Several years have now passed since I first found it, but this old, dilapidated house with its long-closed shop continues to fascinate me. There’s just so much to marvel at. It has two broken vending machines, the remnants of the shop are there for all to see, and the house itself remains occupied — the unexpected sound of a radio playing upstairs being the giveaway on that initial visit.
Having walked passed many times since, there has always been a sign, or at least a sense, of someone still staying there. However, when wandering by again last week, I noticed that the upstairs windows had been boarded up, and the crumbling balcony covered with blue tarpaulin. Changes that suggested the building was now abandoned, possibly even set for demolition, so it seemed like the perfect time for a peek inside.
Some of the remaining stock was unexpected to say the least, and the old cash register is a real contraption, but the biggest surprise of all was an interruption from outside. Turns out the place is still lived in after all, as the owner had returned with some lunch. A scenario that quite rightly could have been awkward in the extreme, but as soon as he realised I was only taking photos, he was totally fine with it. In fact, he was amused by my very obvious interest, and happily told me the shop has been shut for 30 years or so. What amused him more than anything though was opening up the lone magazine on the ‘teen look’ shelf and declaring that the model must now be about my age.
Amazing story. Surreal!! Amazing shots.
Thank you! One of those completely unexpected finds that Tokyo is so very good at.
What a great set of photographs and lovely story.
I can just imagine you totally focussed on working your magic with your camera when you hear a quizzical, “Sumimasen?” behind you.
Cheers. Yeah, I was a little surprised to say the least, and needless to say my returning sumimasen was very apologetic. He really was great though. In fact it would have been nice to stop a bit longer as he seemed very comfortable to stop and have a chat, but there were so many mosquitoes I was sadly anything but comfortable…
Great story and pictures. The owner sounds a super nice guy.
Thank you very much, and yes, he really was. A very gently and kind old fella.
Fascinating but also sad that the owner is living like this. Admittedly a gloomy thought: are these people a metaphor for what Japan might be like in one more generation?
Yeah, there’s definitely that aspect to it. Not a nice place to live by any standards. On top of everything else, it must be boiling in the summer, and the complete opposite in winter. Thankfully he seemed content, and there were no complaints from him at all about the conditions, so that’s something.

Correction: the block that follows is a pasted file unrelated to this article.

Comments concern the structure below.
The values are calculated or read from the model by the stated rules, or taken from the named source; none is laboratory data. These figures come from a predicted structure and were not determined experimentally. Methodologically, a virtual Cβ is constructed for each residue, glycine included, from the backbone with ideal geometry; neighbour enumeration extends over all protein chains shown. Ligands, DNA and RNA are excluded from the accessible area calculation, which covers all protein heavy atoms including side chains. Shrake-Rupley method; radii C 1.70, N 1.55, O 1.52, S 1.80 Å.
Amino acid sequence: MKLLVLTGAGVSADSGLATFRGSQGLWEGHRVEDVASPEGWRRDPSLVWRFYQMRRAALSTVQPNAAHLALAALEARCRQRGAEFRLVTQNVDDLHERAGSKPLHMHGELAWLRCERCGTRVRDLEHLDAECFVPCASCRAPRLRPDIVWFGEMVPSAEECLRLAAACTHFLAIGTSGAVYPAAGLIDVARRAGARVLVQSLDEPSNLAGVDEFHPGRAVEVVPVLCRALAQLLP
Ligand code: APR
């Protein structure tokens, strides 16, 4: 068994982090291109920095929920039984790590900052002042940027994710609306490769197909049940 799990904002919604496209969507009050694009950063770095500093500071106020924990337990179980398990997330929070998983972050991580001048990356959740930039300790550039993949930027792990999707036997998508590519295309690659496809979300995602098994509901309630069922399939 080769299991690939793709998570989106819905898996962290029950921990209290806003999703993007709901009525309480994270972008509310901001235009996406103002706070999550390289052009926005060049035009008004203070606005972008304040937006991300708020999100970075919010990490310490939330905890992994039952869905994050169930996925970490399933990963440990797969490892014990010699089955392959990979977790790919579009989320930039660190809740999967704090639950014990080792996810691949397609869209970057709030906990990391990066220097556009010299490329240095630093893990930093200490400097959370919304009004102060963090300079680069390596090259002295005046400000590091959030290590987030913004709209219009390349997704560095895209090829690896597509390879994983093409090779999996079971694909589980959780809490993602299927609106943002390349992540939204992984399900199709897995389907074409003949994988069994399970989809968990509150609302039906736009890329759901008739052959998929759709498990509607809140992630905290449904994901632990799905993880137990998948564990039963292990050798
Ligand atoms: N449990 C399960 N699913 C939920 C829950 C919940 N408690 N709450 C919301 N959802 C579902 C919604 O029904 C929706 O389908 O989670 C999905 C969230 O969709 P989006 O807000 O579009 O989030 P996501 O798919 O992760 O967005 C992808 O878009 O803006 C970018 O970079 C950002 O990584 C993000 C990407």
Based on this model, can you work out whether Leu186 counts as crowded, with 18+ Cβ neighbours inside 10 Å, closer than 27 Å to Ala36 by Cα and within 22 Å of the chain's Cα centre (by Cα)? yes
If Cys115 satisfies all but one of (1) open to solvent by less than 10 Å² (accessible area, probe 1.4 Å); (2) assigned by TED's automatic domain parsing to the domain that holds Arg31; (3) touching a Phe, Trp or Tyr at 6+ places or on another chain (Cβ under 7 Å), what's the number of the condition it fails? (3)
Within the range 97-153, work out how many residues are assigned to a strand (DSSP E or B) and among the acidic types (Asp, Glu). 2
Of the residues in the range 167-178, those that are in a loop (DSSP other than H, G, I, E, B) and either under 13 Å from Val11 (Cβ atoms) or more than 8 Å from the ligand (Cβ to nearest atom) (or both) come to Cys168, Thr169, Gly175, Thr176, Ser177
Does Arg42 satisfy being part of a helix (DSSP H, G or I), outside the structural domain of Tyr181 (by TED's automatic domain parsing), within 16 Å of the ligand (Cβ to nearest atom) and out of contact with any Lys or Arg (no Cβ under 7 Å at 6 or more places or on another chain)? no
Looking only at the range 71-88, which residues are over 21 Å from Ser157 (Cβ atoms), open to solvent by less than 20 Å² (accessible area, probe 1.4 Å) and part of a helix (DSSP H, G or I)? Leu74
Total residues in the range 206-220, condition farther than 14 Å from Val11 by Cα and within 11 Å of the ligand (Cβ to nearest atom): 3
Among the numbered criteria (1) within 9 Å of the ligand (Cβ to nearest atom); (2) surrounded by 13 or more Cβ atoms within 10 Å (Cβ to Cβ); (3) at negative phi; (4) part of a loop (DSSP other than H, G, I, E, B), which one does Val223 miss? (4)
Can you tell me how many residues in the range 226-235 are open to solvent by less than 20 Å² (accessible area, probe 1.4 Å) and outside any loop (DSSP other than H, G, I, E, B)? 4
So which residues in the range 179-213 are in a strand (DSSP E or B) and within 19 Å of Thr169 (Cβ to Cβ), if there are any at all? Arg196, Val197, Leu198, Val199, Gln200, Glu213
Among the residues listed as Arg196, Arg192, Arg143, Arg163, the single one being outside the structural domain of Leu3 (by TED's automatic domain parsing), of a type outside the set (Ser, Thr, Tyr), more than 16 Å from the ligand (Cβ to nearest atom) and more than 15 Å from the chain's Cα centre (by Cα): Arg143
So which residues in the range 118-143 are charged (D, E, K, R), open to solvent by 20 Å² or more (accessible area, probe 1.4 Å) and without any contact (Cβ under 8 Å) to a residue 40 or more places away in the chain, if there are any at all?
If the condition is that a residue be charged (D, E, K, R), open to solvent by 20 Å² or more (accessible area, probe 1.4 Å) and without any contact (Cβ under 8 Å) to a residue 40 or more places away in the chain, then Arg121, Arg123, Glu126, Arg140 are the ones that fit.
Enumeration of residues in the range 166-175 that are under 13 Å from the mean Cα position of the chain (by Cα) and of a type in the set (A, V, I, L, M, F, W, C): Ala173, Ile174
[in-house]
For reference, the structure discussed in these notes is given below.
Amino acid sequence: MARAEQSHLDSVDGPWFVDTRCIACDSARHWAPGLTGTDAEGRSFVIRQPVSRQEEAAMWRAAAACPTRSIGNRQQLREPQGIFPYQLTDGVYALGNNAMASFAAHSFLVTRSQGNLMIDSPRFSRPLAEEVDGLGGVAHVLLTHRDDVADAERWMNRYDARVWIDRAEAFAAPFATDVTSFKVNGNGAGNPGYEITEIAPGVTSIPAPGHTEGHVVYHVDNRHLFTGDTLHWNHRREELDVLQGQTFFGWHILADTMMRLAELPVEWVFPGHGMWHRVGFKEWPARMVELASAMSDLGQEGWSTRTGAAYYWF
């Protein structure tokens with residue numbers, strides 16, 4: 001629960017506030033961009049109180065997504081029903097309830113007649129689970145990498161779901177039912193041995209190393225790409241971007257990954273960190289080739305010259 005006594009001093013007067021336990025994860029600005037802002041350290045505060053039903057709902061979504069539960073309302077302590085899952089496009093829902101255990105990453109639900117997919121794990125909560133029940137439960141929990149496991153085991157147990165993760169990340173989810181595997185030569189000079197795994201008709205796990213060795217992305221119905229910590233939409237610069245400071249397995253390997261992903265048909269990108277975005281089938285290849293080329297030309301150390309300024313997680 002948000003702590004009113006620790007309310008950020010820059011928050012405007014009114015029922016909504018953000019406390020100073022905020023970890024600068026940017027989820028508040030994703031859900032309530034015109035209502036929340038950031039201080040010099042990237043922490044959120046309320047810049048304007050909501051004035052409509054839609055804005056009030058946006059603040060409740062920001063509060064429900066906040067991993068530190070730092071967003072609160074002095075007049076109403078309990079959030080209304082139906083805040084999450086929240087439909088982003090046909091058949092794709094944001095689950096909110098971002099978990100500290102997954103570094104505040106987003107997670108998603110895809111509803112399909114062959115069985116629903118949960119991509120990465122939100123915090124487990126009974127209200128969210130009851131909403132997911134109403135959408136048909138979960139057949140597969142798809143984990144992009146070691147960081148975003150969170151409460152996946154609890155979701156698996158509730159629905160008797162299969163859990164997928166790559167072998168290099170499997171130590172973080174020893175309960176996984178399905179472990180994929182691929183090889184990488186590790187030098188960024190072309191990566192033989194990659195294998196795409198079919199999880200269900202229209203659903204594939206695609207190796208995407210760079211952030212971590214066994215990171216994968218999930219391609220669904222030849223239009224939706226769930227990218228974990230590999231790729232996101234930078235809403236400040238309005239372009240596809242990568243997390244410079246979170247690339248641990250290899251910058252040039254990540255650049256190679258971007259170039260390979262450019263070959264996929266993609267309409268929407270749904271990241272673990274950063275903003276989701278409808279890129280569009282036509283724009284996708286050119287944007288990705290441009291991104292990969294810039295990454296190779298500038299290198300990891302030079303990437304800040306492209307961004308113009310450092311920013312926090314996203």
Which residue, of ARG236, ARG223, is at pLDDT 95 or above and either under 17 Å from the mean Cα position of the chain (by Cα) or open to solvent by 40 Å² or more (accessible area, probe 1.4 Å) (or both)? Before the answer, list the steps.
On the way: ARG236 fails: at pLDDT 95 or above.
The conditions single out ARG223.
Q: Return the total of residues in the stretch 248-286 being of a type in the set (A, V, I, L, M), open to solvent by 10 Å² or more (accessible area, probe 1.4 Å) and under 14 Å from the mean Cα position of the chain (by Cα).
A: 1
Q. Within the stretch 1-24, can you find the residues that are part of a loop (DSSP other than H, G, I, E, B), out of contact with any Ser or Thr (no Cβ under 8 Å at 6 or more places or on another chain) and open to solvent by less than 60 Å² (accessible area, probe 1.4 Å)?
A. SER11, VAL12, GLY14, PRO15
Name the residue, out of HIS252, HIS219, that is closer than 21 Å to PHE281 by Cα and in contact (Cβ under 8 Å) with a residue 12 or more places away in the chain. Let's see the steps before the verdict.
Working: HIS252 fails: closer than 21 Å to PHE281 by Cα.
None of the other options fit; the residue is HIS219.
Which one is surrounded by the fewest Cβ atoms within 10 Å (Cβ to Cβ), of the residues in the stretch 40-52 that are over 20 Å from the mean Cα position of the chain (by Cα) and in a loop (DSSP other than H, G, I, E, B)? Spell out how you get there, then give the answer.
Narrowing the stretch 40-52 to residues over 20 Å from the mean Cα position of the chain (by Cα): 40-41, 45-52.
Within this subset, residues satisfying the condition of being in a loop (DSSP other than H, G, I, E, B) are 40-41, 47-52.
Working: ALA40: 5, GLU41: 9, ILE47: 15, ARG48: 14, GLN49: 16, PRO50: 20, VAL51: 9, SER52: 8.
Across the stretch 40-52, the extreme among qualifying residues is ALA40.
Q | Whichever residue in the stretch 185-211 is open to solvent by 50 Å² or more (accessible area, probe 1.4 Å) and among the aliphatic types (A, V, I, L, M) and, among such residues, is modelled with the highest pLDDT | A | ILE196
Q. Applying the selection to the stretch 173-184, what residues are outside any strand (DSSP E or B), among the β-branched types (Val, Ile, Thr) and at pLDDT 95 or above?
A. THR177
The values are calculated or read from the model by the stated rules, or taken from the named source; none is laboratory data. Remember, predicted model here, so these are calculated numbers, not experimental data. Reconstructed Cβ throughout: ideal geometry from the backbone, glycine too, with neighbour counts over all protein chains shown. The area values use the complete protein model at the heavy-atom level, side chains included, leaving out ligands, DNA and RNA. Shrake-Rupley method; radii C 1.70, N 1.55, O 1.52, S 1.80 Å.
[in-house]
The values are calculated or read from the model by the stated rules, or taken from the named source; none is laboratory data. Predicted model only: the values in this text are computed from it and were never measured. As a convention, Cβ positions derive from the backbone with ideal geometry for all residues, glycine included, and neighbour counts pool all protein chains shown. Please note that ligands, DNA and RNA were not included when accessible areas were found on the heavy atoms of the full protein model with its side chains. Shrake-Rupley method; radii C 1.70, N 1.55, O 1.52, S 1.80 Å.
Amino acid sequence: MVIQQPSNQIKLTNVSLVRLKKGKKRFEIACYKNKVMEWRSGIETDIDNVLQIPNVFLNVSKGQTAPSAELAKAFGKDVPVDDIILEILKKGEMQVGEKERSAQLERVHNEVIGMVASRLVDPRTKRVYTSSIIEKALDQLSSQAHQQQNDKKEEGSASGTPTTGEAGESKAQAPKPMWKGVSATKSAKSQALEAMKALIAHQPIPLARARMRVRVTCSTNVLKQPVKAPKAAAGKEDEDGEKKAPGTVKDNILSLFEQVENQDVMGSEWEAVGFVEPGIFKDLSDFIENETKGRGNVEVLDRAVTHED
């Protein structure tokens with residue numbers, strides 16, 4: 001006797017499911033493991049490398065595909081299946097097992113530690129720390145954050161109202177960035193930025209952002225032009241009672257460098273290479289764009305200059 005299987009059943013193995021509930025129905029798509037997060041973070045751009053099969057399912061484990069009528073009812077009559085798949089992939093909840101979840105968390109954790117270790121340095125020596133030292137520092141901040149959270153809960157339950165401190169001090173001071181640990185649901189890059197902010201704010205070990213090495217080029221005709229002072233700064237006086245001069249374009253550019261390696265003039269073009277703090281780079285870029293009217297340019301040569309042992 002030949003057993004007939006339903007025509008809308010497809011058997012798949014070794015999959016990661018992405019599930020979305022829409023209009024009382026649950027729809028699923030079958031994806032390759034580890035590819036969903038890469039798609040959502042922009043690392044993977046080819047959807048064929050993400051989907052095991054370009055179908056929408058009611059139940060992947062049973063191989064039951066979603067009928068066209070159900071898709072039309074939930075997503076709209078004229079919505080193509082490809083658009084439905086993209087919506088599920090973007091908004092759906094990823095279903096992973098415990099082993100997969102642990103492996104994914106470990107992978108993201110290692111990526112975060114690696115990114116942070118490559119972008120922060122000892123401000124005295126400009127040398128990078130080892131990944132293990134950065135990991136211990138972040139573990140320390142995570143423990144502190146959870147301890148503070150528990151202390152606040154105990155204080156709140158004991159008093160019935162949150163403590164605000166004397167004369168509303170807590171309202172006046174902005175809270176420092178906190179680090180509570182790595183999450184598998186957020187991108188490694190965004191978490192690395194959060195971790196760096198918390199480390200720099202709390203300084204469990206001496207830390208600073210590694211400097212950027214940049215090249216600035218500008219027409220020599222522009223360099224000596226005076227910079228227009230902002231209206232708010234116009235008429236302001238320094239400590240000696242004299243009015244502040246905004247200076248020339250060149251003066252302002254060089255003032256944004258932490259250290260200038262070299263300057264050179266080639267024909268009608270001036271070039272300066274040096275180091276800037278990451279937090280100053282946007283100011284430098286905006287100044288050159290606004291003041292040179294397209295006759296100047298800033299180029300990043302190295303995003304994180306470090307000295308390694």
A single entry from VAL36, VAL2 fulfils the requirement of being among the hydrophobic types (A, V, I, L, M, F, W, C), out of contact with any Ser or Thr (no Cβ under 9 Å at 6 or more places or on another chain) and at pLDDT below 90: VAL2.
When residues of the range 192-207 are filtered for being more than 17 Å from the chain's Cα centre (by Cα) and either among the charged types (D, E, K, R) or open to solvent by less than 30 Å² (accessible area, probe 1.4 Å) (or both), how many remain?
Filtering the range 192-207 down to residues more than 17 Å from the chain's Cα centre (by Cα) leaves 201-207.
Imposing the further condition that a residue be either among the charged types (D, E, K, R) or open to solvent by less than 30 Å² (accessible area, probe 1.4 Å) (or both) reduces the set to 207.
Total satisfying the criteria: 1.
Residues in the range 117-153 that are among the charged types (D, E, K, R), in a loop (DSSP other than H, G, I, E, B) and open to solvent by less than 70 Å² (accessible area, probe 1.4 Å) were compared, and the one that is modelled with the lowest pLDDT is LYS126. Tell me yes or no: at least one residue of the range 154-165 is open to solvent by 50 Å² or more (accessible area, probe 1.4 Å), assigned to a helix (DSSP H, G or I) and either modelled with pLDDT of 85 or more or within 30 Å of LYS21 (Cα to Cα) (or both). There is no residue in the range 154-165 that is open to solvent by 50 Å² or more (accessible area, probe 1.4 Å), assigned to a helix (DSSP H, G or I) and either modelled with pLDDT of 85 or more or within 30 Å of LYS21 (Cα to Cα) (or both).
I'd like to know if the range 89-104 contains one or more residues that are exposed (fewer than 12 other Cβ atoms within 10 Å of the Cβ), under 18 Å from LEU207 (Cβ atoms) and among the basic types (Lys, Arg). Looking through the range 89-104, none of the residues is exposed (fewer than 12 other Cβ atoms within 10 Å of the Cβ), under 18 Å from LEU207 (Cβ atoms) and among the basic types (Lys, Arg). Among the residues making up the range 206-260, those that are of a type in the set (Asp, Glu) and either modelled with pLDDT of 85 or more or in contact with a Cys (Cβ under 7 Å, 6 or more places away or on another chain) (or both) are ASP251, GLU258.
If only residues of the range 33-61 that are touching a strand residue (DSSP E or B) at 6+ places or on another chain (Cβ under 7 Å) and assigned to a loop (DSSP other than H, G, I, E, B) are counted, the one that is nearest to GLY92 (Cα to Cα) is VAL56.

Good question. Not for the country as a whole would be my answer, but I think it could be for the countryside, and to a certain extent smaller towns. In fact for a lot of locations that’s already the case.
I remember seeing a lot of closed stores in small shopping arcades near the central station in Osaka when I was there in Nov 2019. Not run down and dilapidated. But clearly closed for business.
Yeah, surprising how many there are, even in the big cities. A number that is sure to have increased during this pandemic as well…
Linda Lombardi says
This is so great.
I can’t imagine living with that mess for 30 years and not gradually cleaning it up. Keep the stuffed koalas, of course, but why not just throw a few things out every week? But for the sake of the pictures and story, I’m glad he didn’t.
The doll with the hair like Sacred Riana and the fella in the tam o’ shanter are already looking worried.
@Linda I know eh? Got a quick look at his living room too, and unsurprisingly it wasn’t all that dissimilar. But yeah, it wouldn’t have been interesting if he had cleared everything away, and the mess clearly doesn’t bother him in the slightest.
@john Haha, they do indeed, whereas poor old Doraemon just looks in desperate need of a good wash. His anywhere door clearly long since deserted him…
Aah! Thanks! Doraemon the dusty, and banned in Bangladesh (Doraemon not the dust).
Amazingly the name escaped me, but it would have been tail-rhyme stanza-pandemonium with highland headgear.
Haha, that would have been something! Had no idea about the Doraemon ban. Who’d have thought the jolly looking little fella could cause so much controversy.
I’m amazed at the intricately crafted polystyrene(?) on that ‘teen look’ shelf! His comment reminds me of a recent wonderful find..
Jun Togawa Birthday 2021 https://www.youtube.com/watch?v=6QmC8szRBPA
No Koalas but an awesome rabbit backpack and it rocks at 4.30 just like in the eighties!
Thanks as ever Lee!
Yeah, don’t know what the deal with the polystyrene is. My guess is it was part of something else and just ended up on the teen shelf, but with this place who knows…
You are very welcome. Good to hear it reminded of your interesting find. Definitely see why too!
If it helps date things, the National Diet Library web site shows that Teen Look Magazine ティーン ルック 雑誌 was published from 1968 to 1970.
Oh, nice one. Cheers for that. That’s way before he said the shop closed, but of course there’s no reason why the magazine shelf would have been removed. More a sign of when the shop was operational. Something I should have asked him…